songs that will never end up on a Kitty playlist

August 11, 2010

Looking through the music I own, I have an entire CD that will never end up on a Kitty playlist, mostly because I haven’t listened to it all the way through since I bought it for $2.99 in a bargain bin in 1997.  Its very existence confused and worried me and for $2.99 I could find out for myself.

That would be Billy Idol’s Cyberpunk.

Released in 1993, it’s not awful or anything.  It’s just really, really forgettable.  It’s also about 8 years too late to be anything resembling cutting edge, considering that the whole concept of cyberpunk as a social movement was about played out by then (it still has some legs as a literary aesthetic, I’d argue).  It may not have looked like it at the time, but the novel Snow Crash, which can be read in some ways as a parody of cyberpunk, came out a year later.  Hindsight is 20/20.

6 Responses to “songs that will never end up on a Kitty playlist”

  1. JeffW Says:

    I tried playing tracks from that disk on my own late-night radio show in college (in about 1994 or so). I remember wanting it to be cool … and it just wasn’t. “Forgettable” is probably the best way to describe it.


  2. I rather liked it. It epitomized one of the main principles of cyberpunk—though, perhaps not in the way that Idol intended.

    After all, one of the tenets that is always used to characterize cyberpunk is “style over substance.” And if there was any album that had more style and less substance than that one, I have yet to find it.

    (And I will always have a special place in my heart for “Adam in Chains”, as the relaxation exercise at the start of that song helped me relax enough to go to the bathroom when I was in the hospital recovering from the aftereffects of surgery on a broken leg in a motorscooter accident. Ironically, Idol had the idea for the album while recovering in the hospital from a broken leg in a motorcycle accident.)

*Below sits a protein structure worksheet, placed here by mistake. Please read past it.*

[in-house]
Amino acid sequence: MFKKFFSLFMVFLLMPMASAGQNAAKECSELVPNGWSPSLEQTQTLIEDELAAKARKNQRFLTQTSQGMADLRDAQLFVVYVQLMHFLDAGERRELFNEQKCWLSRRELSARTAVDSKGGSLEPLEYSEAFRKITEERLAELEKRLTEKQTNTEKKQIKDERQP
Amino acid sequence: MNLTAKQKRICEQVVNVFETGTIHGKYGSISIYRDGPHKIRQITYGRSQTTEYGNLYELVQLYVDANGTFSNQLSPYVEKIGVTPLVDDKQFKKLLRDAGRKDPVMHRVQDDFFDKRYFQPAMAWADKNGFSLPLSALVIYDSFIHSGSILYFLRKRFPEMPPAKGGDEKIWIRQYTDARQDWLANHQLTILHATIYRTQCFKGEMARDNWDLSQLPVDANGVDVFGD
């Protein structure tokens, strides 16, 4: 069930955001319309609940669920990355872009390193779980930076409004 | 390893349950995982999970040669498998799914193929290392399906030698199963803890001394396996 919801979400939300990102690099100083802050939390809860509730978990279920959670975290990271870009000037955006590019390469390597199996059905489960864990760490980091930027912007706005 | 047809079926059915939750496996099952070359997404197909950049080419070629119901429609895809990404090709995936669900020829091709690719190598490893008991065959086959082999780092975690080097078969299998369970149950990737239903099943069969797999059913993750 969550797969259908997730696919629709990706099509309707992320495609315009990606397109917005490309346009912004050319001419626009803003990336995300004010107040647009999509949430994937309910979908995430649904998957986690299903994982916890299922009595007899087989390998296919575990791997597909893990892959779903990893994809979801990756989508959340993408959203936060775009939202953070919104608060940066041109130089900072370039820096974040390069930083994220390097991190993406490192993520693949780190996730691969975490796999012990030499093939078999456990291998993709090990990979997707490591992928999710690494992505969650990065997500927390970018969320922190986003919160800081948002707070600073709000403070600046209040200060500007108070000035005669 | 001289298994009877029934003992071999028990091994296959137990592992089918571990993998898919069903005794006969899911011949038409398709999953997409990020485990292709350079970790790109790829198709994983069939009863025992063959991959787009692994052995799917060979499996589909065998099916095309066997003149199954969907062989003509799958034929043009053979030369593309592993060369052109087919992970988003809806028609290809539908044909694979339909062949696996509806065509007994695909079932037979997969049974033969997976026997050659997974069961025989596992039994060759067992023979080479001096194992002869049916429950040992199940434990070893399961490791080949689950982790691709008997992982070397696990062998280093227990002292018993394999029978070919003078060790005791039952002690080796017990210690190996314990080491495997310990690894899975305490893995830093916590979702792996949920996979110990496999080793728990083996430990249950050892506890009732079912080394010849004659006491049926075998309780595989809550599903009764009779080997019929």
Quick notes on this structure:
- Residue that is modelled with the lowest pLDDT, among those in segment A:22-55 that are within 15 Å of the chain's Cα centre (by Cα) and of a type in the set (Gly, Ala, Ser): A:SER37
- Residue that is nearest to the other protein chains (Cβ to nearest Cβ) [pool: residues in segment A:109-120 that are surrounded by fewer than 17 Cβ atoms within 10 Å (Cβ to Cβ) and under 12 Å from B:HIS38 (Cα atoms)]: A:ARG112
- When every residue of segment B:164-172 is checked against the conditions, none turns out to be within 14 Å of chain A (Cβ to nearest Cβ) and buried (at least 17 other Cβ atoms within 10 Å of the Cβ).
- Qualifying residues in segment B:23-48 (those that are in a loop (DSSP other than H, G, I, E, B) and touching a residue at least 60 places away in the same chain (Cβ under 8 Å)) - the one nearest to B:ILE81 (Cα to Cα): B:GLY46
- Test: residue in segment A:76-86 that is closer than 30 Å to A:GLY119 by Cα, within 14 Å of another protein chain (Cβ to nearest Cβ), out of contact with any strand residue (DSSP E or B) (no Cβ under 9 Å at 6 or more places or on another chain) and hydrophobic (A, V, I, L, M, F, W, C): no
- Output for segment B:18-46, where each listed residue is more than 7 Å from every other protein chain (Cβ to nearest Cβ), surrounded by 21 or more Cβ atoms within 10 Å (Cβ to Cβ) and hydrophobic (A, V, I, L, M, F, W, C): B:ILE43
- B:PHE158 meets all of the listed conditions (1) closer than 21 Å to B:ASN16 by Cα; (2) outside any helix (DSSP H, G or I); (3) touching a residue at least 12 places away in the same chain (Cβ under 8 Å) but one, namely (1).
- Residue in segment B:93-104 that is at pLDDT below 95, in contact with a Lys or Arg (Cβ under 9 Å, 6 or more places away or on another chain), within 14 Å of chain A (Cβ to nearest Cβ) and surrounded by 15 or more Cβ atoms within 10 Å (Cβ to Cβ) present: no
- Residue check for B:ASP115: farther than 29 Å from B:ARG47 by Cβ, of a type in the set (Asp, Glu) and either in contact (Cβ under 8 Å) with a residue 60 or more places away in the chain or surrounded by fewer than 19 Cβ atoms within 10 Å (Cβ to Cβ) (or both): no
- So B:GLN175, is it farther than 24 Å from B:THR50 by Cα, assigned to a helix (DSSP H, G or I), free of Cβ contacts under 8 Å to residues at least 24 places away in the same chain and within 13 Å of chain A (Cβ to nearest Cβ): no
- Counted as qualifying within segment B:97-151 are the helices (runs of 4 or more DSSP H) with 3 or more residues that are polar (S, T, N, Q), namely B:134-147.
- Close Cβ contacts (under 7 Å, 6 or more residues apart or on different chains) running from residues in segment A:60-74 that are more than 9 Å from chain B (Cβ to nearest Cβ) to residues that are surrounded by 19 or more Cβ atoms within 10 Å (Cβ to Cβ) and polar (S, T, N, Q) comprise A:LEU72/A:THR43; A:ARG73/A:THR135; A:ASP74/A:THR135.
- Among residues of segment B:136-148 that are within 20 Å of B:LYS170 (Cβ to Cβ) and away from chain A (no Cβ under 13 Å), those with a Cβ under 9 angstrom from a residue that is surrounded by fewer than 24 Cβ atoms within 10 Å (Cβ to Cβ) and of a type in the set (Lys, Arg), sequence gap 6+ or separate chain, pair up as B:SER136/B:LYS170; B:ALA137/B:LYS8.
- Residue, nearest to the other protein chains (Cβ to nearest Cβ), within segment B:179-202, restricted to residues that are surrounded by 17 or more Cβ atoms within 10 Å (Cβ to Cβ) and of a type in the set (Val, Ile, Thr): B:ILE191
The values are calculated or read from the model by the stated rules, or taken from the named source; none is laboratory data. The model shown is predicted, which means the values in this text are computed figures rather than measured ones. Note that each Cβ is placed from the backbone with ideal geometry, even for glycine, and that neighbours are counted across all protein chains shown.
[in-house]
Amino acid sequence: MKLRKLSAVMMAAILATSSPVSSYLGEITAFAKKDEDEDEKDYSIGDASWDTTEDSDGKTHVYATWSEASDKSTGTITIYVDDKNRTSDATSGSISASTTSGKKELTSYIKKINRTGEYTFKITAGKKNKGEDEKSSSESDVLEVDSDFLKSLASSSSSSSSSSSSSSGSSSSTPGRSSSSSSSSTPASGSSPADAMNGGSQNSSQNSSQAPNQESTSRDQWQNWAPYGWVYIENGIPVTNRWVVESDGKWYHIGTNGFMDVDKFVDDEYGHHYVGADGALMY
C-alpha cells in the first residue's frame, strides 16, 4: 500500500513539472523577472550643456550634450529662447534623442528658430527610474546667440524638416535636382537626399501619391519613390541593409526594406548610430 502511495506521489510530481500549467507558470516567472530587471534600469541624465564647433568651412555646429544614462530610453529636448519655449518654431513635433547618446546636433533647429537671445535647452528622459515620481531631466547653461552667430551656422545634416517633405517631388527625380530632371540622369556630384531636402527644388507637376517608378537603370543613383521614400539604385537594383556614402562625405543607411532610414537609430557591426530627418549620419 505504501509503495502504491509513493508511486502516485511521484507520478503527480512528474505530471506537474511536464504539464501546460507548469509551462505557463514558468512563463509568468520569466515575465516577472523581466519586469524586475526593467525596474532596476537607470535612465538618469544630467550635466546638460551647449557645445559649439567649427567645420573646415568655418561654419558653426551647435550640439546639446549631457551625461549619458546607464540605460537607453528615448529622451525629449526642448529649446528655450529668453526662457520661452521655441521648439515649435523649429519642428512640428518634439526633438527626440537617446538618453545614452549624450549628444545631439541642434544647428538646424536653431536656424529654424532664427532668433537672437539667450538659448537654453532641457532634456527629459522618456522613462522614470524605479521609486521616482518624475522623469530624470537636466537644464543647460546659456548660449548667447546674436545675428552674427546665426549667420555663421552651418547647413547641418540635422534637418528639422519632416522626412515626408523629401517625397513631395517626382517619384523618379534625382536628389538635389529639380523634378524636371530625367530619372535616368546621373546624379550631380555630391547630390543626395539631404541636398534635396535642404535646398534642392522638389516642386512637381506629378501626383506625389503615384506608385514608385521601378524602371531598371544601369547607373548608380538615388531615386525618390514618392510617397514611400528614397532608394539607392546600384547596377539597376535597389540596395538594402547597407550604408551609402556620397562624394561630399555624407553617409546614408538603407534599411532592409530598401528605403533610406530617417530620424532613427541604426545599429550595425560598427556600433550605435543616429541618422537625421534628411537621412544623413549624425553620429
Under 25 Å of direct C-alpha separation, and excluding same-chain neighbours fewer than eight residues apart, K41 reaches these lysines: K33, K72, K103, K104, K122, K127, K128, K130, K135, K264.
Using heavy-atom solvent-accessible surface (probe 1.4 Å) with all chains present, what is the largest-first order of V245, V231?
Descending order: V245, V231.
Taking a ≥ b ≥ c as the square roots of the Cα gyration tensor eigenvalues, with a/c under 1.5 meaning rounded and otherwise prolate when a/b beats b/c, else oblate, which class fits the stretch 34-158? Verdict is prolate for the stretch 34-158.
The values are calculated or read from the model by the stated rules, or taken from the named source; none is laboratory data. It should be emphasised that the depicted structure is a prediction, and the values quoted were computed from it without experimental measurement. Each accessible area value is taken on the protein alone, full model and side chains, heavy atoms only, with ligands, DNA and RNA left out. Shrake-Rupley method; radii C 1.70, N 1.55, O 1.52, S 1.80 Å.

3. Jakk Says:

    I am a huge Billy Idol fan(since Generation X),but i agree the album was not one of his best. The main single, Shock to the System was just ok(i liked it more then than listening to it now). Between this, and the grunge movement(in which all things 80s/hair bands went away), Billy just got left behind.

    Interesting fact: Billy was originally going to be the T1000 in T2: Judgement Day, but the motor cycle accident Chris above mentioned caused him to be replaced by Robert Patrick.


  4. I dunno – there’s a passingly decent cover of “Heroin” on it. But other than that? A better cyberpunk albumn by far (although not sold or identified as such at the time) was “A secret wish” by Propaganda, from 1984.

  5. carriev Says:

    I think that may be the key — anything marketed specifically as cyberpunk is going to be inferior to something that manages to be cyberpunk without announcing it so loudly.

  6. Steve Wheelock Says:

    I’m guessing the following songs would curl Kitty the werewolf’s ears (just for fun; respectfully):

    Is Everybody Happy Now? (Ted Lewis [11/18/27])
    The Glory of Love (Rudy Valee/The Five Keys/The Velvetones….)
    Smoke From Your Cigarette (The Mellows [Doo Wop])
    In the Still of the Nite (The Five Satins)
    The Woo Woo Train (The Valentines)
    Red Hot (Billy Riley [Rockabilly])
    Bip Bop Boom (Mickey Hawks)
    Voodoo Voodoo (LaVern Baker)
    Crazy Man, Crazy (Bill Haley [1953])


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